You’re a start-up now

Increased regulations, market uncertainty, and instant changes in consumer and corporate behavior continue to impact every business.

Companies have depended on understanding the business life cycle model as a means of ensuring they can adapt to market changes (or create markets), whether at their start-up, growth or maturity stages. Today, no matter whether your company was just beginning or has been established for decades, it’s time to adopt an entrepreneurial mindset.

Now is the time to discover which changes are temporary, which will remain, and which are yet to come. Lean into your network and clients and ask questions that help you identify how your organization can serve them now and into the future. How have these changes impacted them? What do they expect as future concerns and opportunities? On one hand you can predict likely scenarios your company may respond to. Even though the business may be negatively impacted (decline stage) there is still a culture that values identifying new growth opportunities.

This is a period where organizations can shape the future – for their people, clients and industries. Many companies have been slow to change or unsuccessful in changing. Now is the time to get it right, focusing on culture and purpose. A key principle of culture continuity is to recognize that there will be changes in behaviours and attitudes required.

The business lifecycle model depicts key stages of corporate growth: start-up, growth, maturity, new growth and decline.

Does your workplace culture prevent innovation?

Some workplace cultures have depended on rigidity, compliance and risk avoidance. Many rely on a top-down approach to leadership and communication, and silo’d management structures. If there are elements of your organizations’ culture that limit collaboration, problem-solving or creativity, consider whether those will be helpful in this situation or moving forward, and provide training, reward and communication to focus your employees’ efforts.

If there are people or business units that have a history of purposeful problem-solving and foresight, leverage these as resources and assets. Encourage them to share their approach with others and facilitate increased communication between business units and teams. This increased collaboration can promote holistic problem-solving, increased sense of connection to the business, and increased awareness of what actually contributes to business value beyond revenue and profit.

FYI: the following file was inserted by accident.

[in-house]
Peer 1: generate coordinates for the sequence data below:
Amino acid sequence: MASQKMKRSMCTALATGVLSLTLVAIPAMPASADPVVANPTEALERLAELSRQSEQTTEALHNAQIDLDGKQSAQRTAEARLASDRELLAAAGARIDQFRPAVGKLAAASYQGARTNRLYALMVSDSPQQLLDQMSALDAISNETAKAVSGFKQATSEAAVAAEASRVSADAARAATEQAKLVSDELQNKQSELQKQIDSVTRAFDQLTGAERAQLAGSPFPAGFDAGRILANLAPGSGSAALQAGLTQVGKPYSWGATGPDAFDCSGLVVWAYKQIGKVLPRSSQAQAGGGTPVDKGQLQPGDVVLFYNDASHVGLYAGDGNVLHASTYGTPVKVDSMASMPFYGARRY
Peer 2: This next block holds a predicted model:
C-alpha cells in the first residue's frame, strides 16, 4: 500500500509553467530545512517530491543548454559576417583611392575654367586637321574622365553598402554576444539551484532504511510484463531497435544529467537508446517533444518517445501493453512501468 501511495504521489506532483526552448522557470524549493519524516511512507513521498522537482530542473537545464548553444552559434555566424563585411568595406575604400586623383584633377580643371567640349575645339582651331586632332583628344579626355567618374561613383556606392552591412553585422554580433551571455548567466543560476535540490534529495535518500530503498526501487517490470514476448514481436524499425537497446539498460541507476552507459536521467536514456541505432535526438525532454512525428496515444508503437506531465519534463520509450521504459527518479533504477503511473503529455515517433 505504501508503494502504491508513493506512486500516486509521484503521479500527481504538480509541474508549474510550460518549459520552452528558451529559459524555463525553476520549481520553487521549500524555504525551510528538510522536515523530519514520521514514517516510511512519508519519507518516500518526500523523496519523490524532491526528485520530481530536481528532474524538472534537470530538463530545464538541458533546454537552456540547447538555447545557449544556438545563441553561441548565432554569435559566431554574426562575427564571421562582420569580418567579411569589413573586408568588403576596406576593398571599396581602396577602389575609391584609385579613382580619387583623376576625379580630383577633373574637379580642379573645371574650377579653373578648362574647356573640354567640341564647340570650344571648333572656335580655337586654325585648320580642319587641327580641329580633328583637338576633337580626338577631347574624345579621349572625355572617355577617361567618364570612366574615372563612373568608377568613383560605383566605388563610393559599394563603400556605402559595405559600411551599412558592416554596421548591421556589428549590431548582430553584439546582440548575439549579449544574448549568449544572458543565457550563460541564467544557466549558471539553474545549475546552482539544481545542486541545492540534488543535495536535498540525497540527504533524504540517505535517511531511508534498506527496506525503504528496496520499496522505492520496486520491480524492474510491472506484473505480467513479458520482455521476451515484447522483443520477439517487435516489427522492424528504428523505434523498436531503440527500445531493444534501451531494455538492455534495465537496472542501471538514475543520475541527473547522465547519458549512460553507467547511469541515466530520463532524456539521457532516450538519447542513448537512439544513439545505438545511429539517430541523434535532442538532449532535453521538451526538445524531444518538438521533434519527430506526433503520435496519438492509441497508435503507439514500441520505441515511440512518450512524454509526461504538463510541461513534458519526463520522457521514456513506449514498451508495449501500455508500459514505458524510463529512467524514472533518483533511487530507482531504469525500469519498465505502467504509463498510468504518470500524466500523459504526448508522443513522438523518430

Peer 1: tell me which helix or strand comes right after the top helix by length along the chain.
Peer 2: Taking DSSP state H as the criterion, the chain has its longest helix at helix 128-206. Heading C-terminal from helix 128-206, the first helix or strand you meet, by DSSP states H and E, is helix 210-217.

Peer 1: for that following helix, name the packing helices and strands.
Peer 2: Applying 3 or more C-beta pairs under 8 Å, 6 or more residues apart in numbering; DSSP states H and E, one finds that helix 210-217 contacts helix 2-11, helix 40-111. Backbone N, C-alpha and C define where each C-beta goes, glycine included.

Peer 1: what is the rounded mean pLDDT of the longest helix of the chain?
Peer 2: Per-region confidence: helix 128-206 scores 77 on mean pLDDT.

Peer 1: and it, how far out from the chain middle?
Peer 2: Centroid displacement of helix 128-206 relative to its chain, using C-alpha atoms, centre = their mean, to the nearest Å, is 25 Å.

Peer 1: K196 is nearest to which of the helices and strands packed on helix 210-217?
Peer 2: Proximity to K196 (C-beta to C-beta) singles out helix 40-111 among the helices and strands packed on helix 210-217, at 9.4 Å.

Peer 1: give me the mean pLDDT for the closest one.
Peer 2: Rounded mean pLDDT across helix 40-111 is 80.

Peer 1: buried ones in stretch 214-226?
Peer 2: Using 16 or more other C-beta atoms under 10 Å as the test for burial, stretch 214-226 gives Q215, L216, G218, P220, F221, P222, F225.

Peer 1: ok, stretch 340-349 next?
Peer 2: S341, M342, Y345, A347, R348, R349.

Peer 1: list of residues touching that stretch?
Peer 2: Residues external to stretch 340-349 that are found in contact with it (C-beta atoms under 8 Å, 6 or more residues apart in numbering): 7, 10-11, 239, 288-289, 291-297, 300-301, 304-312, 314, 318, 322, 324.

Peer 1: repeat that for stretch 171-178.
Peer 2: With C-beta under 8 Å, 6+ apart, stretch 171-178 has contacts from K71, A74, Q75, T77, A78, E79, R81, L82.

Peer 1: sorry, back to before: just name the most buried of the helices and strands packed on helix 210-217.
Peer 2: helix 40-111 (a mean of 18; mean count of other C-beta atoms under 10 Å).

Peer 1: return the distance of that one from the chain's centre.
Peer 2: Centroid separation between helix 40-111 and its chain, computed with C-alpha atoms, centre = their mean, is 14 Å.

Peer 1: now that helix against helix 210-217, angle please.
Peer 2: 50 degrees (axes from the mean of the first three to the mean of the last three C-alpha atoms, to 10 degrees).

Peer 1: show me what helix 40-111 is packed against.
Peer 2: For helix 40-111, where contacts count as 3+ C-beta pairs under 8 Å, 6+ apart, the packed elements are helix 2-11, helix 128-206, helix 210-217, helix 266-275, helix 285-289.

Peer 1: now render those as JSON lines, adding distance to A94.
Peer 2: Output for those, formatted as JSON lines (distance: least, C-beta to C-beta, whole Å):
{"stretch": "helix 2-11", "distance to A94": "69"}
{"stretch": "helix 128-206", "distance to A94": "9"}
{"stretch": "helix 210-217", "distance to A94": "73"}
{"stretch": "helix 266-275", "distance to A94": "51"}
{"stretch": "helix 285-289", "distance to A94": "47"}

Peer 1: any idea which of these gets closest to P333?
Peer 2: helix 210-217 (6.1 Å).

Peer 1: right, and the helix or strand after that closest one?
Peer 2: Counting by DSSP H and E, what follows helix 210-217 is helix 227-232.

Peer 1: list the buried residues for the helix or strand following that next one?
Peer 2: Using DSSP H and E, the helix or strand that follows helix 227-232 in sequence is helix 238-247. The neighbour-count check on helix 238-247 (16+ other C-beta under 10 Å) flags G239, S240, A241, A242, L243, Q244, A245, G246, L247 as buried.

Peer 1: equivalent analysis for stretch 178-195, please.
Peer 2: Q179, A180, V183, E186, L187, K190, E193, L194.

What behaviors and attitudes should be encouraged?

Behaviors, attitudes and results are often ingrained in organizations. They are in the habits, workflows, role descriptions and performance management systems. Education, training and time will be required for people to adopt new behaviors and attitudes. In the short-term though, leaders can gain buy-in by clearly communicating the need for these changes and what the opportunity is for the individuals.

Promote curiosity, collaboration and communication. Allow people to test ideas, develop and test them, and to fail. Encourage people to think about and discuss what the future of markets, products and services might be and to problem-solve. Reward people who look outside the organization and who contribute ideas on what industry needs, challenges and opportunities might be.


Workplace culture is shaped by leaders in the organization. Walk the talk and model the way; demonstrate the behaviors and attitudes you aim to foster. This will help team members see that you actually are encouraging different ways of operating. Coupled with clear communication, your actions can build confidence that the organization is focused on being competitive and resilient toward its vision.

Business leaders must adopt a start-up mentality and encourage flexibility, autonomy and comfort with uncertainty in their teams #leadership #businesscontinuity #culturecontinuity #culture


Photo by Markus Spiske on Unsplash